Last week’s look at Europa examined the possibility of primordial impacts there that might have brought organic materials to the moon, focusing especially on clay-like minerals that a JPL team found in data from the Galileo mission. I had barely finished that article before the news from Hubble arrived with observations of water vapor above the southern pole of Europa, a possible indication of water plumes erupting from the moon’s surface. That work ran in Science Express and was reported at the meeting of the American Geophysical Union in San Francisco. Lead author Lorenz Roth (Southwest Research Institute) described it this way:

“By far the simplest explanation for this water vapor is that it erupted from plumes on the surface of Europa. If those plumes are connected with the subsurface water ocean we are confident exists under Europa’s crust, then this means that future investigations can directly investigate the chemical makeup of Europa’s potentially habitable environment without drilling through layers of ice. And that is tremendously exciting.”

Exactly so, for now we can start thinking about doing something similar to what has been envisioned at Enceladus, flying a spacecraft through a plume to study what’s below the ice. As the comments on last Thursday’s post (Europa: Minerals from an Ancient Impact) have shown, the question of ice thickness on Europa is wide open, and scientists studying the matter are divided on it — once again I point you to Richard Greenberg’s Unmasking Europa (Copernicus, 2008) for a lively defense of thin ice.


Image: This graphic shows the location of water vapor detected over Europa’s south pole that provides the first strong evidence of water plumes erupting off Europa’s surface, in observations taken by NASA’s Hubble Space Telescope in December 2012. Hubble didn’t photograph plumes, but spectroscopically detected auroral emissions from oxygen and hydrogen. The aurora is powered by Jupiter’s magnetic field. This is only the second moon in the solar system found ejecting water vapor from the frigid surface. The image of Europa is derived from a global surface map generated from combined NASA Voyager and Galileo space probe observations. Credit: NASA, ESA, and L. Roth (Southwest Research Institute and University of Cologne, Germany).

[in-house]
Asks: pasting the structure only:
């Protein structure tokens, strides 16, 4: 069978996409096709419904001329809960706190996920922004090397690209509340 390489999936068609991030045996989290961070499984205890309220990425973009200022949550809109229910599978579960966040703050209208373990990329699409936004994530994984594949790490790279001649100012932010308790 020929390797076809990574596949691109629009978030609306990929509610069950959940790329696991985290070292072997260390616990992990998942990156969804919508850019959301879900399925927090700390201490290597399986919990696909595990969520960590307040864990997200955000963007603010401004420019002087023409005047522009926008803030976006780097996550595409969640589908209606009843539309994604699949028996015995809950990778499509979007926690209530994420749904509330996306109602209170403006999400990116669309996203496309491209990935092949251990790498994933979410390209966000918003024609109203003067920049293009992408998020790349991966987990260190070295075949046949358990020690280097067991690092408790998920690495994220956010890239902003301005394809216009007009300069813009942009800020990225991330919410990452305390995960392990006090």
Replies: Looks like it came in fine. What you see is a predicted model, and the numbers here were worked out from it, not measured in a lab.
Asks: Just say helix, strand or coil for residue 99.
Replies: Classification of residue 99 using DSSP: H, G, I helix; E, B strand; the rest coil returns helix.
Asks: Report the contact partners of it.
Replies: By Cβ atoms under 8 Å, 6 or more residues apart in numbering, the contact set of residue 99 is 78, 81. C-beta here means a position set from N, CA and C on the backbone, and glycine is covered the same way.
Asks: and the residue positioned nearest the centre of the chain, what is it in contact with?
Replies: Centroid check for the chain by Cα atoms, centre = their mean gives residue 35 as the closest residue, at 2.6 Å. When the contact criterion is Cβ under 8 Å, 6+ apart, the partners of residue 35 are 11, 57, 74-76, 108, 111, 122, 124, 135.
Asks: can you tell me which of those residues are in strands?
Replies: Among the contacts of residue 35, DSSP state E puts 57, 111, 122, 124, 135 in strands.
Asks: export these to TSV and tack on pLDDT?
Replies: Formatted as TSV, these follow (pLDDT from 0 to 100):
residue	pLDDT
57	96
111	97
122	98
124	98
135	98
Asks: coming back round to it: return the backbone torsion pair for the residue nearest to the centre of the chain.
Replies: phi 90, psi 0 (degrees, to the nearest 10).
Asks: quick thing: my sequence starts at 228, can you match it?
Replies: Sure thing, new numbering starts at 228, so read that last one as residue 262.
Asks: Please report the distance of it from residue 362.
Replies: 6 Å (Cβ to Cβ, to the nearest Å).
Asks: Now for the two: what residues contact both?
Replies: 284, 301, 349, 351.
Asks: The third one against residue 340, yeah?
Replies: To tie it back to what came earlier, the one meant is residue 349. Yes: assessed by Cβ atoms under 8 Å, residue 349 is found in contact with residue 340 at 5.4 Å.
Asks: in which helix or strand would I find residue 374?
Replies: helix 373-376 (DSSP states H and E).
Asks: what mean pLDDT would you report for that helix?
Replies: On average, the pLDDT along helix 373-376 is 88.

Geysers on Europa could indeed be a signature of a thin ice crust, but as reader Andrew Tribick has noted here, they could also flag a lake enclosed within a thick crust. The key question, of course, is just where the water is coming from. “Do the vents extend down to a subsurface ocean or are the ejecta simply from warmed ice caused by friction stresses near the surface?” Roth asks. So far we don’t know. And as to the source of the faint emissions detected by Hubble, the long cracks on Europa’s surface known as lineae may well be the answer. That would correspond to the fissures that the Cassini spacecraft has seen near the south pole of Enceladus.

But whatever the thickness of Europa’s ice, flying through a plume rather than drilling would make our task immeasurably easier. We can also take up Freeman Dyson’s suggestion, noted in the comments by Larry Klaes, that space around Europa should be investigated for the possible remains of aquatic life forms that could have been blown out by impact events.

Another reminder of Enceladus is the fact that the intensity of the plumes detected on Europa varies with the moon’s orbital position. The jets are detected only when Europa is at the farthest point in its orbit from Jupiter, while signs of venting disappear when the moon is closer. Are we looking at tidal flexing caused by Jupiter’s gravitational pull? That’s what one would expect with a subsurface ocean placed in this environment. It’s interesting that Europa’s own gravity, twelve times that of Enceladus, would cause any water vapor to fall back to the surface, leaving surface features near the south pole that may be observable by future spacecraft.

The paper is Roth et al., “Transient Water Vapor at Europa’s South Pole,” published online in Science 12 December 2013 (abstract).